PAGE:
no. optically, the tamron is very good. feel free to ignore Frank's opinionated comments. from an objective perspective, the nikkor 17-55 lacks stabilization but gives you faster focus and better build. however, it is much less compact, which is a big consideration. from an IQ standpoint alone, the two lenses are more or less equal. i havent seen any A>B comparisons which definitively show better color rendition or contrast for the nikkor, and the tamron may actually be sharper wide open.
    if i were you, i would go for the d7000+17-50. simple economics: it's easier to spend $400 down the line than $1100. the D7000 is a much better camera which is much harder to outgrow.
     
  17. Get the best quality lenses you can. The body comes second and is where the real obsolescence and depreciation hit you. Look at the Adorama, B&H and KEH. You will get an idea of prices and their no questions asked warranty and returns policy is safe.
    Assuming you don't want to spend $2k on a new 2.8 zoom, look used. I would keep with Nikons firstly, and of the three main off brand lenses...Tokina, Sigma and Tamron, my experience had the Tokina ATX-Pro range to be very good. You will get a lot of subjective opinion here so do the research, read the reviews.
    If you can afford FX lenses there are two reasons going there makes sense. Works also on DX and also, non G lenses work on Nikon film cameras as well.
    You can find used D300s for $800 used, with a warranty. If you stay in DX, try to buy bodies that have the in-camera focus motor and that will open up the choice of Nikons legacy AF-D lenses, some of which are lifetime keepers.
     
  18. Both cameras have their advantages which have been laid out here by others. Some people seem to think that what is best for them is best for everyone. In reality we all have our own needs and wants. My advise, now that you know the advantages of each, is to decide what is best for you. Sometimes it helps to make a list of the advantages of each camera. The one thing I would add, is to go to a store and handle the D5100 and see how you like it compared to your wife's D7000.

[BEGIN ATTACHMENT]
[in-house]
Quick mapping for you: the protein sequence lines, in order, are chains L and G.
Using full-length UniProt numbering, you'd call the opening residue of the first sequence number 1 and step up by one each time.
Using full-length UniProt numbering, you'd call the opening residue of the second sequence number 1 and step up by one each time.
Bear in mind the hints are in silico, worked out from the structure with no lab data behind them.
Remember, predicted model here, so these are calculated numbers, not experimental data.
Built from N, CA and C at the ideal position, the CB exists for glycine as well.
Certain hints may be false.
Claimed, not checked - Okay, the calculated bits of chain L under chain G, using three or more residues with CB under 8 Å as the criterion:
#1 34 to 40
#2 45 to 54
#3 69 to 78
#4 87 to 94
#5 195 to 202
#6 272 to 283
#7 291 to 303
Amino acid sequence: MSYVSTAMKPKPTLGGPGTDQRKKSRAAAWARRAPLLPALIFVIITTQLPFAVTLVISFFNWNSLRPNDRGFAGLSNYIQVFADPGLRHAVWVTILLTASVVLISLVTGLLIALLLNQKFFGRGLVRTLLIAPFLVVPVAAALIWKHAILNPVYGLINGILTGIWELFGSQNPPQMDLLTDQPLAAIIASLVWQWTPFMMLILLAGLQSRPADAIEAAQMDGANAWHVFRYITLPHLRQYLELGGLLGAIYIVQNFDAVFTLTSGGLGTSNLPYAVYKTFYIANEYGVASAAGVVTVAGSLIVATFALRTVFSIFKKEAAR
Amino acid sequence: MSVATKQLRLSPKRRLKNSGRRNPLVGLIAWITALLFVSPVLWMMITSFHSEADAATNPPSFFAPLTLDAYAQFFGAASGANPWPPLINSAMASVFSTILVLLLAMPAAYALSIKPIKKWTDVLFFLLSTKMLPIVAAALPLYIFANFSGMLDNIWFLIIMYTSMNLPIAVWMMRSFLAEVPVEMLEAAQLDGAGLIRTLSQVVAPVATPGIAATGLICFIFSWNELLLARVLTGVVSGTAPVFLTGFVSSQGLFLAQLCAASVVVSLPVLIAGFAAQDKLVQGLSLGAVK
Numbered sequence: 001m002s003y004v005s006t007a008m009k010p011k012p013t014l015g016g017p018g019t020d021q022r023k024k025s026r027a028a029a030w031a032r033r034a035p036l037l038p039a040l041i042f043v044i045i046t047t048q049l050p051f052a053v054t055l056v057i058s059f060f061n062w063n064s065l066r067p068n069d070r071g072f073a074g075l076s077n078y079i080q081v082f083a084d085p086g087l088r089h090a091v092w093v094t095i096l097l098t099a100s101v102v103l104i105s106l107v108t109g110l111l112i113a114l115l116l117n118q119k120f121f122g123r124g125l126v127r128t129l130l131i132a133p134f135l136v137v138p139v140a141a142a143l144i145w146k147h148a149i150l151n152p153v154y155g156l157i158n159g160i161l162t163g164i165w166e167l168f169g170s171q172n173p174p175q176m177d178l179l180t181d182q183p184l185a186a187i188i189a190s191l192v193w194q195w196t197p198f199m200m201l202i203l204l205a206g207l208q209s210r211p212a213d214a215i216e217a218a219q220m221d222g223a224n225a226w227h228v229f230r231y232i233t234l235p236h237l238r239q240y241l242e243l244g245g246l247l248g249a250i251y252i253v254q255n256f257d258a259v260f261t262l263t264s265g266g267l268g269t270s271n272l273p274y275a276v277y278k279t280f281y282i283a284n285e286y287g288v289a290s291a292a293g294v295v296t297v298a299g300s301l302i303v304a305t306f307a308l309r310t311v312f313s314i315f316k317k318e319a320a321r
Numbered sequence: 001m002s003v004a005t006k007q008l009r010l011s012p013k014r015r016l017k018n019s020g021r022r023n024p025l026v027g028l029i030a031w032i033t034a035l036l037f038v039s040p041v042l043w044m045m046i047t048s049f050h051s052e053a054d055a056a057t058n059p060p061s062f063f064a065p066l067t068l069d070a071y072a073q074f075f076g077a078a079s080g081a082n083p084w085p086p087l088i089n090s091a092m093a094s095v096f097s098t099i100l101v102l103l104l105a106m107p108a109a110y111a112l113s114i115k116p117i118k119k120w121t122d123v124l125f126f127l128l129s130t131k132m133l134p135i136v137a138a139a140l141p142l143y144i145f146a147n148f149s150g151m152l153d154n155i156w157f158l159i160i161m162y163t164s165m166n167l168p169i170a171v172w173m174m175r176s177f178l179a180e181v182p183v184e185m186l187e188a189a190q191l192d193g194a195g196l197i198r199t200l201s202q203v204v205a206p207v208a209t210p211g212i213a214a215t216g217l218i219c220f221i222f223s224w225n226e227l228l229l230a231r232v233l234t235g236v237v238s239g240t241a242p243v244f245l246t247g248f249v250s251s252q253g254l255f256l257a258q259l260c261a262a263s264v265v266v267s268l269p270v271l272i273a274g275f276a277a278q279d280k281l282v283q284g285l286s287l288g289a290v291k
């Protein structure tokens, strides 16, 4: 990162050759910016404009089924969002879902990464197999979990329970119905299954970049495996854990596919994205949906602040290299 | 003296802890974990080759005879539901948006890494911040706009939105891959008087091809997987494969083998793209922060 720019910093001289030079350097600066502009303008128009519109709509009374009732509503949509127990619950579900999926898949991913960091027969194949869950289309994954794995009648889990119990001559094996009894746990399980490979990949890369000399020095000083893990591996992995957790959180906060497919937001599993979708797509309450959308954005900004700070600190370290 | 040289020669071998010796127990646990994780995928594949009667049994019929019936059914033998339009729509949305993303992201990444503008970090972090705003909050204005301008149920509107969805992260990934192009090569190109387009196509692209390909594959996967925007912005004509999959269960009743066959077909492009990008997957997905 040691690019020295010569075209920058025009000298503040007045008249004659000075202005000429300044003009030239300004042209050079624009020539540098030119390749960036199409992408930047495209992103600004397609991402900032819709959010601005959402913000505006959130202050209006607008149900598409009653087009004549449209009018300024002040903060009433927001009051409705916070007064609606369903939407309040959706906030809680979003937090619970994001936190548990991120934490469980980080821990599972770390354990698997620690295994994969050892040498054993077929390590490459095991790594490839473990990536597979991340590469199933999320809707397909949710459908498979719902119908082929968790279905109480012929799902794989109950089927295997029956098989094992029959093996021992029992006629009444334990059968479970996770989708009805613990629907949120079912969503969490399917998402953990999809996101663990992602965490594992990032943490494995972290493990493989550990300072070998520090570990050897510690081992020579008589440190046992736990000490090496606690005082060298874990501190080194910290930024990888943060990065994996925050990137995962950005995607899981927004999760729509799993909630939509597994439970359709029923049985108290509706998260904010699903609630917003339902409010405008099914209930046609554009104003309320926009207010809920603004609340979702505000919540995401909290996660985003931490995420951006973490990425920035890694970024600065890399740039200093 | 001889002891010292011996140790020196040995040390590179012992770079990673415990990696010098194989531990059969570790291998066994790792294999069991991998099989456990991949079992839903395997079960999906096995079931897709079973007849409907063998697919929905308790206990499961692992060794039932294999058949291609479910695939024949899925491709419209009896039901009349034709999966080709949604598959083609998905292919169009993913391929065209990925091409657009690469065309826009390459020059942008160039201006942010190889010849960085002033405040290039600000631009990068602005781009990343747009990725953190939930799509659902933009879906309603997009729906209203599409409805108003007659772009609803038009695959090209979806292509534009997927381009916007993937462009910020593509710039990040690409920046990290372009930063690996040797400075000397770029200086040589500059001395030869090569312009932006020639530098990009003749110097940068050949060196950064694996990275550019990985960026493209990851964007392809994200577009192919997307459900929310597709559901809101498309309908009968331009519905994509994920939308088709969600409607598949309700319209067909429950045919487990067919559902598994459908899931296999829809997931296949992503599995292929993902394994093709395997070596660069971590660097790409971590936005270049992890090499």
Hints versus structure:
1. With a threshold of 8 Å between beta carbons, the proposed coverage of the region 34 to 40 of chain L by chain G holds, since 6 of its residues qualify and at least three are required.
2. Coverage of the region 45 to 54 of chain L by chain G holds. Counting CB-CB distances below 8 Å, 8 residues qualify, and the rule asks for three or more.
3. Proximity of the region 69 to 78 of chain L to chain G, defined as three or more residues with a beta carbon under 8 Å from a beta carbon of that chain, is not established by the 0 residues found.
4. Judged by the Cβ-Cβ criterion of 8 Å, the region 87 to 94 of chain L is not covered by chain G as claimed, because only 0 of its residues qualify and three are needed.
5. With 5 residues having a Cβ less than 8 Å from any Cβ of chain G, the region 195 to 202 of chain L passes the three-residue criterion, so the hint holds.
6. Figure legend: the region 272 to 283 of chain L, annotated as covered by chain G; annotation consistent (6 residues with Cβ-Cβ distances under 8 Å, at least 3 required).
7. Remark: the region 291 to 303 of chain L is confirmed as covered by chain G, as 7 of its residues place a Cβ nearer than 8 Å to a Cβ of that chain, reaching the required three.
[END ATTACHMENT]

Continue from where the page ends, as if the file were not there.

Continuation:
19. The D7000 is either the best consumer camera, or the cheapest pro camera - I'm not sure which. I also think that it is currently the 'best camera money can buy' for non-professionals. There are better cameras, but nothing that offers you something you need as a non-professional shooter.
    Long story short, D7000.
    As far as lenses, and specifically Frank's comment, I see nothing wrong with Tamron lenses. Many of them are optically very similar to Nikons, they cost less, and the warranty is longer. In fact, the anti-shake on the Tamron 70-300 outperforms the Nikon anti-shake by a very wide margin. I find that going to a Nikon version of a Tamron lens will usually add weather sealing (wich can be a big deal to some shooters), and will often give a small quality increase for a not-so-small price increase. I've never A/B'ed my Tamron 28-75 f/2.8 with the Nikon 24-70, but I did A/B it with the earlier 28-70, and I learned that I'm never going to buy the Nikon version unless it drops into my lap at a ridiculopus price. I am a very demanding shooter, but I don't see enugh difference between them to justify paying the regular price without having a business account that I can put it on.
    Maybe it's the subjects that I shoot or the settings that I use, but if I can't see a difference the majority of the time than I'm not going to pay three times more.
     
  20. both d5100 and d7000 are great body.